I can tell you #1 was barely voted down on Sat. night. Someone pointed out that most of the movement hadn’t read that particular bill and so shouldn’t vote for it yet. It will come up again. #2 and #3 have passed.

    Note that all the Occupies require a 9/10 vote to pass anything which is why little in terms of specific policy has been officially proposed.

    Finally, I’m developing a proposal for a CO2 tax and dividend. I think I’ll post it here later for feedback on the policy. Suggestions on other fora would be appreciated (Eli, I intend to ask at your place as well).

    [You seem to have a more coherent programme. #3 seems dubious and perhaps too much towards giving-the-people-the-raw-meat-they-crave: I'm not sure that actual law breaking in any significant degree occurred. And I could quibble others. Tax and dividend is interesting, I can probably give you your own post on it - feel free to mail me -W]

  39. #40 J Bowers

    @ blueshift
    #12 is your Achilles Heel.

    Here’s a free e-book of Bob Altemeyer’s ‘The Authoritarians’ that might give you some food for thought, if you’ve not read it already:

    @ William
    Yes, it was anecdotal.

  40. #41 blueshift

    “I’m not sure that actual law breaking in any significant degree occurred.”

    Agreed. I pointed out that much of the systemic risk etc. was entirely legal but voted for it because it leads with the investigation language. Also, even if the contribution to the crisis was marginal, I believe there were some out right criminal activities. Not prosecuting these sends a very bad signal.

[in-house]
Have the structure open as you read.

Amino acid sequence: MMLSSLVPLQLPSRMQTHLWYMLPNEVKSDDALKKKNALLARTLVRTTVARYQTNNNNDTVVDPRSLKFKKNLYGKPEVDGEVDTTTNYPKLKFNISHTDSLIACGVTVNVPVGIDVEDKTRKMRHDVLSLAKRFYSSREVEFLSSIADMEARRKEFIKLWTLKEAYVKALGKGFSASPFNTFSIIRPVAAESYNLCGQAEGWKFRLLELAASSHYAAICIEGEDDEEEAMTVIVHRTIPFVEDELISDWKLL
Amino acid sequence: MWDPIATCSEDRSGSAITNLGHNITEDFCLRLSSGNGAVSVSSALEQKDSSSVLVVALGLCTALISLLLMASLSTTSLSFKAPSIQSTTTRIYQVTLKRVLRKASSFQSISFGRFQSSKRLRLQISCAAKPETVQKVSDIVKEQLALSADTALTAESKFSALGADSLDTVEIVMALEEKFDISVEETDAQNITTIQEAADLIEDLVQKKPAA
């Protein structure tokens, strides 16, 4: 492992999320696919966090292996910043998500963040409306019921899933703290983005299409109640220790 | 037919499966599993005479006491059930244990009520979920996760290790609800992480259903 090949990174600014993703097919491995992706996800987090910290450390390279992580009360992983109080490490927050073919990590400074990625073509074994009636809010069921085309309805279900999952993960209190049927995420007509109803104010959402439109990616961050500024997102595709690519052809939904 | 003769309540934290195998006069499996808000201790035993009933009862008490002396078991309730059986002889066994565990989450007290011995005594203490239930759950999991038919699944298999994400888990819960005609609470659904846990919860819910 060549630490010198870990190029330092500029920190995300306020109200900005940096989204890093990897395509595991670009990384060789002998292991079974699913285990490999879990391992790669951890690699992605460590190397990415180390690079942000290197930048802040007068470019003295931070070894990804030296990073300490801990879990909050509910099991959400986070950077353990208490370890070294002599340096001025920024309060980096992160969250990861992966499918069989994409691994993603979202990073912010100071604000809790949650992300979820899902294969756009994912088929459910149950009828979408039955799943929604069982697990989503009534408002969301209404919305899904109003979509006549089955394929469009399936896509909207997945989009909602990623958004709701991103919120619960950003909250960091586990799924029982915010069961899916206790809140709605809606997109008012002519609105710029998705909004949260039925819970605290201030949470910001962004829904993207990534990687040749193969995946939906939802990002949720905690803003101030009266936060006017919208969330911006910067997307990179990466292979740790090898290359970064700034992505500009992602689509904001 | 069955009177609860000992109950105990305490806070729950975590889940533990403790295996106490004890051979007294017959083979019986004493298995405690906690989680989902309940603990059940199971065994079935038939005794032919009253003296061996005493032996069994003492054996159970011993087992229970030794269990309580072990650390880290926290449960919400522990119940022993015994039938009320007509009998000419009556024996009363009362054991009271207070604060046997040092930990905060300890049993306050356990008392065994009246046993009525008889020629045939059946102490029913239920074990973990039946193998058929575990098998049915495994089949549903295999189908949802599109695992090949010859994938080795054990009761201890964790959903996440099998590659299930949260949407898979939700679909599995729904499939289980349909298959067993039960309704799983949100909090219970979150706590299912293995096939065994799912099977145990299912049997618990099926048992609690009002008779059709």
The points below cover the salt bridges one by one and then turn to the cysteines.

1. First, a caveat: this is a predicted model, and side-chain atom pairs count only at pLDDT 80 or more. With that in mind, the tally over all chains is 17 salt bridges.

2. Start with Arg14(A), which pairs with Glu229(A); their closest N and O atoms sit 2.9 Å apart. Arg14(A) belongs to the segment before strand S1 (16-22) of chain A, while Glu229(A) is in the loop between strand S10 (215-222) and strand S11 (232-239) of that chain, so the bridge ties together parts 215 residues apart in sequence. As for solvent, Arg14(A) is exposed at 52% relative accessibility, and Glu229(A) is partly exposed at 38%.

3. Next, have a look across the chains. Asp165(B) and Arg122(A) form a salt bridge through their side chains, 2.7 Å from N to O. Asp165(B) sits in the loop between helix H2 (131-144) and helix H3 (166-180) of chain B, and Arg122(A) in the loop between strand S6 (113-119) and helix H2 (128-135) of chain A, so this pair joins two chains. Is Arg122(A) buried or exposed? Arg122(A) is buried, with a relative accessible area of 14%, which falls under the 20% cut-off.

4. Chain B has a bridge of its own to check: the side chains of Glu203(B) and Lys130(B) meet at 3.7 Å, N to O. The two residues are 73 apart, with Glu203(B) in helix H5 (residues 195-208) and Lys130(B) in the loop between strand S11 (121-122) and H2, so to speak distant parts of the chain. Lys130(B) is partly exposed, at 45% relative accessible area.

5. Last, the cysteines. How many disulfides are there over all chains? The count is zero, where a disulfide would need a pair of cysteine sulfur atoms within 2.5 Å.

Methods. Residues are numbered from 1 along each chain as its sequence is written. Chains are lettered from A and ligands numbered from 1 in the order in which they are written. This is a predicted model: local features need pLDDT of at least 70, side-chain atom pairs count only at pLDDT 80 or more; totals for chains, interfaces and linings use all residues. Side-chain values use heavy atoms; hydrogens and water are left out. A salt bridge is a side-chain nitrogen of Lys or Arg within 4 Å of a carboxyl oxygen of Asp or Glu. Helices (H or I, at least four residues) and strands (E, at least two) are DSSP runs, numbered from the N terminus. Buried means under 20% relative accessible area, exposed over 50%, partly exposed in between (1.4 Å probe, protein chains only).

Also I should have caveated that the linked list wasn’t necessarily the final version of the proposal voted on. For example, #2 was amended to Bush/Obama tax cuts given that Obama extended them.

    Will mail you my proposal when its cleaned up a bit, thanks.

  41. #42 Holly Stick

    If you look for criminal activity there is lots of speculation about Goldman Sachs being criminally charged and reasons like this given for not doing it: “…Thus, the entire fabric of the global financial system would be threatened…”


    [That just seems to be a list of reasons for not prosecuting. Not any evidence of criminality. Though GS look dodgy -W]

    And others discussion of possibly criminal activities:


  42. #43 anna haynes

    fwiw, Josh Stearns is documenting arrests of journalists at #Occupy protests here at Storify:

  43. #44 suyts

    Hi guys. If I may interject, I’d like to clear up some confusion. William is correct. There is no coherent message. Apparently, they have some angst against the banking and corporate bailouts…… solutions? Not.

    Here’s a quote from a recent AP story….“It’s hard to tell what it will lead to. But I’m not concerned that we don’t have specific demands — that will come.“ Ironically this person received her marching orders from MoveOn.org, which, I believe is bankrolled by G. Soros…. who’s appealing his convictions of insider trading. Weird isn’t it?

    I know it may be anathema but it was an AP story…..Your can read about it here.